In Murrell's stage directions, he calls for a men's chorus singing "Beer Barrel Polka". This request is very specific and actually difficult to find. Therefore, I employed the University of Virginia's Glee Club to sing it for me. I set up a portable recording studio in their facility and recorded them singing this. This piece is layered with the cue below, as if the singers are men on the troop train.
In this scene, the women send yet another group of Canadian men away on a troop train to be shipped off to war. The challenge is to give the impression of a train starting up and slowly chugging away with men shouting their farewells. The perspective of this composition for the audience is that they are standing at the station, with the train departing. Given the 1940's setting, the train must sound like a steam train. It is difficult to find many modern recordings of these older machines, so source material is limited. This limitation required me to take those recordings I could find and mold them into the movement required of the train in this scene. In order to put men on this train, I gathered five men from the Department of Drama and recorded several variations of them shouting departure phrases. I layered some of these variations to give the impression of many men.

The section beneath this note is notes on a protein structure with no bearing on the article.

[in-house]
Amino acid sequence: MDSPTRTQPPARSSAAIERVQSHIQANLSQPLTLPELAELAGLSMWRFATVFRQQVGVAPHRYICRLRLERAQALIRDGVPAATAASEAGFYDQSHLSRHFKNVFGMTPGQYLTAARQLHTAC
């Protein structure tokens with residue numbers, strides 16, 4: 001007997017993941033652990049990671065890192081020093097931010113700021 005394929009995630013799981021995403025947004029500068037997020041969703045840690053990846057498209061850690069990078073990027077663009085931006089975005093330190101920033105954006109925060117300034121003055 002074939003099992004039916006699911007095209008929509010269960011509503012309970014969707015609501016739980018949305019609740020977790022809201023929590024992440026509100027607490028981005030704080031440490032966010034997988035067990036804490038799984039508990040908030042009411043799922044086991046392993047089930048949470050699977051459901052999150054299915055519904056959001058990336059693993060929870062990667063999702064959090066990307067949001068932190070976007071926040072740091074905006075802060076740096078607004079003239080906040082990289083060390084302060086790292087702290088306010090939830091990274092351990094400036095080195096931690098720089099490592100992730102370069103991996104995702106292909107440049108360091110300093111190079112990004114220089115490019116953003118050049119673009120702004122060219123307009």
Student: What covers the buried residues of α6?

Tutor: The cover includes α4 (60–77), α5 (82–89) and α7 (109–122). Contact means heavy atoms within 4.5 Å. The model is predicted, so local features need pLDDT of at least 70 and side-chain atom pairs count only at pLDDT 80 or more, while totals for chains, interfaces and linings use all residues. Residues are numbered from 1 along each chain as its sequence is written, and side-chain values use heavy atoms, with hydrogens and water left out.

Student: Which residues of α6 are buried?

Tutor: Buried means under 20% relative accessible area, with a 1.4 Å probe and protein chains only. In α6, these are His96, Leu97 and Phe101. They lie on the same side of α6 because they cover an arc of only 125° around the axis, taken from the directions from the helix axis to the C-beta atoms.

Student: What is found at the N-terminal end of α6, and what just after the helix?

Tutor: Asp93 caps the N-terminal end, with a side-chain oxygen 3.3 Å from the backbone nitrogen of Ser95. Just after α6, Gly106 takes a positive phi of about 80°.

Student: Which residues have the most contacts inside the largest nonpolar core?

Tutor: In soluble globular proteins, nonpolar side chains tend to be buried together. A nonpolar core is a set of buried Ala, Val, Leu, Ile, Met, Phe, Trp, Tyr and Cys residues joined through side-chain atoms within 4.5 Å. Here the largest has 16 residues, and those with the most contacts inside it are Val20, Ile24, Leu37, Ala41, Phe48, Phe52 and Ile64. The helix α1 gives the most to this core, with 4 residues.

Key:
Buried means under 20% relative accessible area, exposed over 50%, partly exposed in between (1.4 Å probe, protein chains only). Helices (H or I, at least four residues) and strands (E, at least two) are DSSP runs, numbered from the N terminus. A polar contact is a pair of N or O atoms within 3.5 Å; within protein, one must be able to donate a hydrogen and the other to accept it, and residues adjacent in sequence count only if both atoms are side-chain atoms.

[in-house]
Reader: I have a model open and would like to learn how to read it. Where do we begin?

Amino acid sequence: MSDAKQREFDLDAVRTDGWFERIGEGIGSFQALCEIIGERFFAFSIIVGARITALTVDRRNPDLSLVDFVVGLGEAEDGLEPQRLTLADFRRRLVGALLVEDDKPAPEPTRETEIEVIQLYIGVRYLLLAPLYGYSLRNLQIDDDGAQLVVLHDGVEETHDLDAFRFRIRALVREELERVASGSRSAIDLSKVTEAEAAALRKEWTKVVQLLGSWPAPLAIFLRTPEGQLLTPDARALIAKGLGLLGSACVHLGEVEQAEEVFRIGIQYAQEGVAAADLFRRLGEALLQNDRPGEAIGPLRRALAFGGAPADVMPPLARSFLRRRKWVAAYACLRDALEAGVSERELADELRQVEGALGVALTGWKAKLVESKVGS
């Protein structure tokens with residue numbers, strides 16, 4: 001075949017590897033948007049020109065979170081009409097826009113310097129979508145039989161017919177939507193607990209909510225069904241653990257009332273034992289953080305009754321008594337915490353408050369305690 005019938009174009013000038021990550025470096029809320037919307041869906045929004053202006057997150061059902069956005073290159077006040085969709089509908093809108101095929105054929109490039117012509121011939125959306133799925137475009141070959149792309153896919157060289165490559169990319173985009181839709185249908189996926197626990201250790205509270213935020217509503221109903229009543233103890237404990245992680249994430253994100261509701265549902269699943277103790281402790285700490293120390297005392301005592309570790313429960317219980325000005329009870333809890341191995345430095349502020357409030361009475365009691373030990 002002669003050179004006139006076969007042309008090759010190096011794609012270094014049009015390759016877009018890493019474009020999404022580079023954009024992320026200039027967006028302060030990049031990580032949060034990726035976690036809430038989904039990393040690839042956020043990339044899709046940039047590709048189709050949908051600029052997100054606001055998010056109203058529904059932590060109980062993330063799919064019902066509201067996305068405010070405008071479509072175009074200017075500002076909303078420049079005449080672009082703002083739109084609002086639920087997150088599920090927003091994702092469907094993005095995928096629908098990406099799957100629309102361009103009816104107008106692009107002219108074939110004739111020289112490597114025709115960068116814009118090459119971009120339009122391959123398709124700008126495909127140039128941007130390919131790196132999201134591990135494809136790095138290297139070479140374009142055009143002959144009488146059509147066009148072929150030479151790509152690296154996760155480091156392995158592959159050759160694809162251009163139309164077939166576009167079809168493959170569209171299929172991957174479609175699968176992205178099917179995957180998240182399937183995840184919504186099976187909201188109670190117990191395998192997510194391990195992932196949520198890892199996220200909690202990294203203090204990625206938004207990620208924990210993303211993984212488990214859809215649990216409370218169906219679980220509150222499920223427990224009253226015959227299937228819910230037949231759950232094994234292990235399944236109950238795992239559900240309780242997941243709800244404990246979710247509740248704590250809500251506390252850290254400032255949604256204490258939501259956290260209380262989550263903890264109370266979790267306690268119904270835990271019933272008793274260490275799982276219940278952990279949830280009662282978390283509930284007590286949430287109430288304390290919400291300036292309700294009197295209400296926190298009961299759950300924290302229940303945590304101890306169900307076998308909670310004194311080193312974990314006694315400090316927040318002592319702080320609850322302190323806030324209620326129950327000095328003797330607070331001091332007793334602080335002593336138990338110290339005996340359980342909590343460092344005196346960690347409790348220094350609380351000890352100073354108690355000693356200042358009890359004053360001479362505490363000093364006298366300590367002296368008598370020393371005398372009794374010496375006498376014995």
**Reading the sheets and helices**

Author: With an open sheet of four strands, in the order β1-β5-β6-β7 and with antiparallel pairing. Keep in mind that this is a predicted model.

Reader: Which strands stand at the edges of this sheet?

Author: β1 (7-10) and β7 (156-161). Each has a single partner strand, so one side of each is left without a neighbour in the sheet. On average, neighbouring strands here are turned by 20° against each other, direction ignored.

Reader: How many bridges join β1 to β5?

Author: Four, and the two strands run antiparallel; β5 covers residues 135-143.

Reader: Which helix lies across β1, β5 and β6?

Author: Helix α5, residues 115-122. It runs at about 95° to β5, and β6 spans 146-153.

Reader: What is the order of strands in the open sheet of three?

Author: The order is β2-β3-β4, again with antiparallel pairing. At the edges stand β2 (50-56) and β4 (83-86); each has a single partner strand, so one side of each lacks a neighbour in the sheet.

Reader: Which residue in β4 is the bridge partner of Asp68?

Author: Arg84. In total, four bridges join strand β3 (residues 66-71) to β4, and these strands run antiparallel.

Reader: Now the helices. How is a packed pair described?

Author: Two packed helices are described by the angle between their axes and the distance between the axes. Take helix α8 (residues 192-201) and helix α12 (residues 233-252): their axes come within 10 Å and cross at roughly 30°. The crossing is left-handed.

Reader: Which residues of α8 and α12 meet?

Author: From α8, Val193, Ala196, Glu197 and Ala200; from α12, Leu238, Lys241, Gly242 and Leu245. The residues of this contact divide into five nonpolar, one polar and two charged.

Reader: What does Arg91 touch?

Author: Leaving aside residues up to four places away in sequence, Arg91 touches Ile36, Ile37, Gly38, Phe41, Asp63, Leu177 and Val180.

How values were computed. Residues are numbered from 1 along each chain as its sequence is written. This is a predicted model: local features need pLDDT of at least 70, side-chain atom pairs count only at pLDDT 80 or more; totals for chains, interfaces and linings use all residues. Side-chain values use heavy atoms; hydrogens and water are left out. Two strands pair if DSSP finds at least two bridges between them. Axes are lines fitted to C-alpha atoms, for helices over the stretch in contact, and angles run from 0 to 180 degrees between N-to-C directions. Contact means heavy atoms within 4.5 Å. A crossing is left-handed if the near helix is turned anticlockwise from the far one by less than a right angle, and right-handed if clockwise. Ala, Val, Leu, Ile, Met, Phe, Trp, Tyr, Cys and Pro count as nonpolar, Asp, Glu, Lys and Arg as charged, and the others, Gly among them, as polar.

This collage represents the final layering of several independent sound events from a stylized part of the play. The elements of this composition are presented to the audience individually, adding a new element at each presentation. The siren is heard first. Next, the siren plays again with the addition of a captain shouting orders. This all repeats with the addition of a group of men responding. After this, these items repeat again with addition of a machine gun, etc. The five women between each of these sonic events repeat dialogue. The collage culminates with all of the elements in the order as presented in the provided audio example.
The play ends with the promise of the men being welcomed home with a victory parade. This composition is a modified version of the one above, except this piece gives the impression of the band marching toward the audience and stopping in front of them.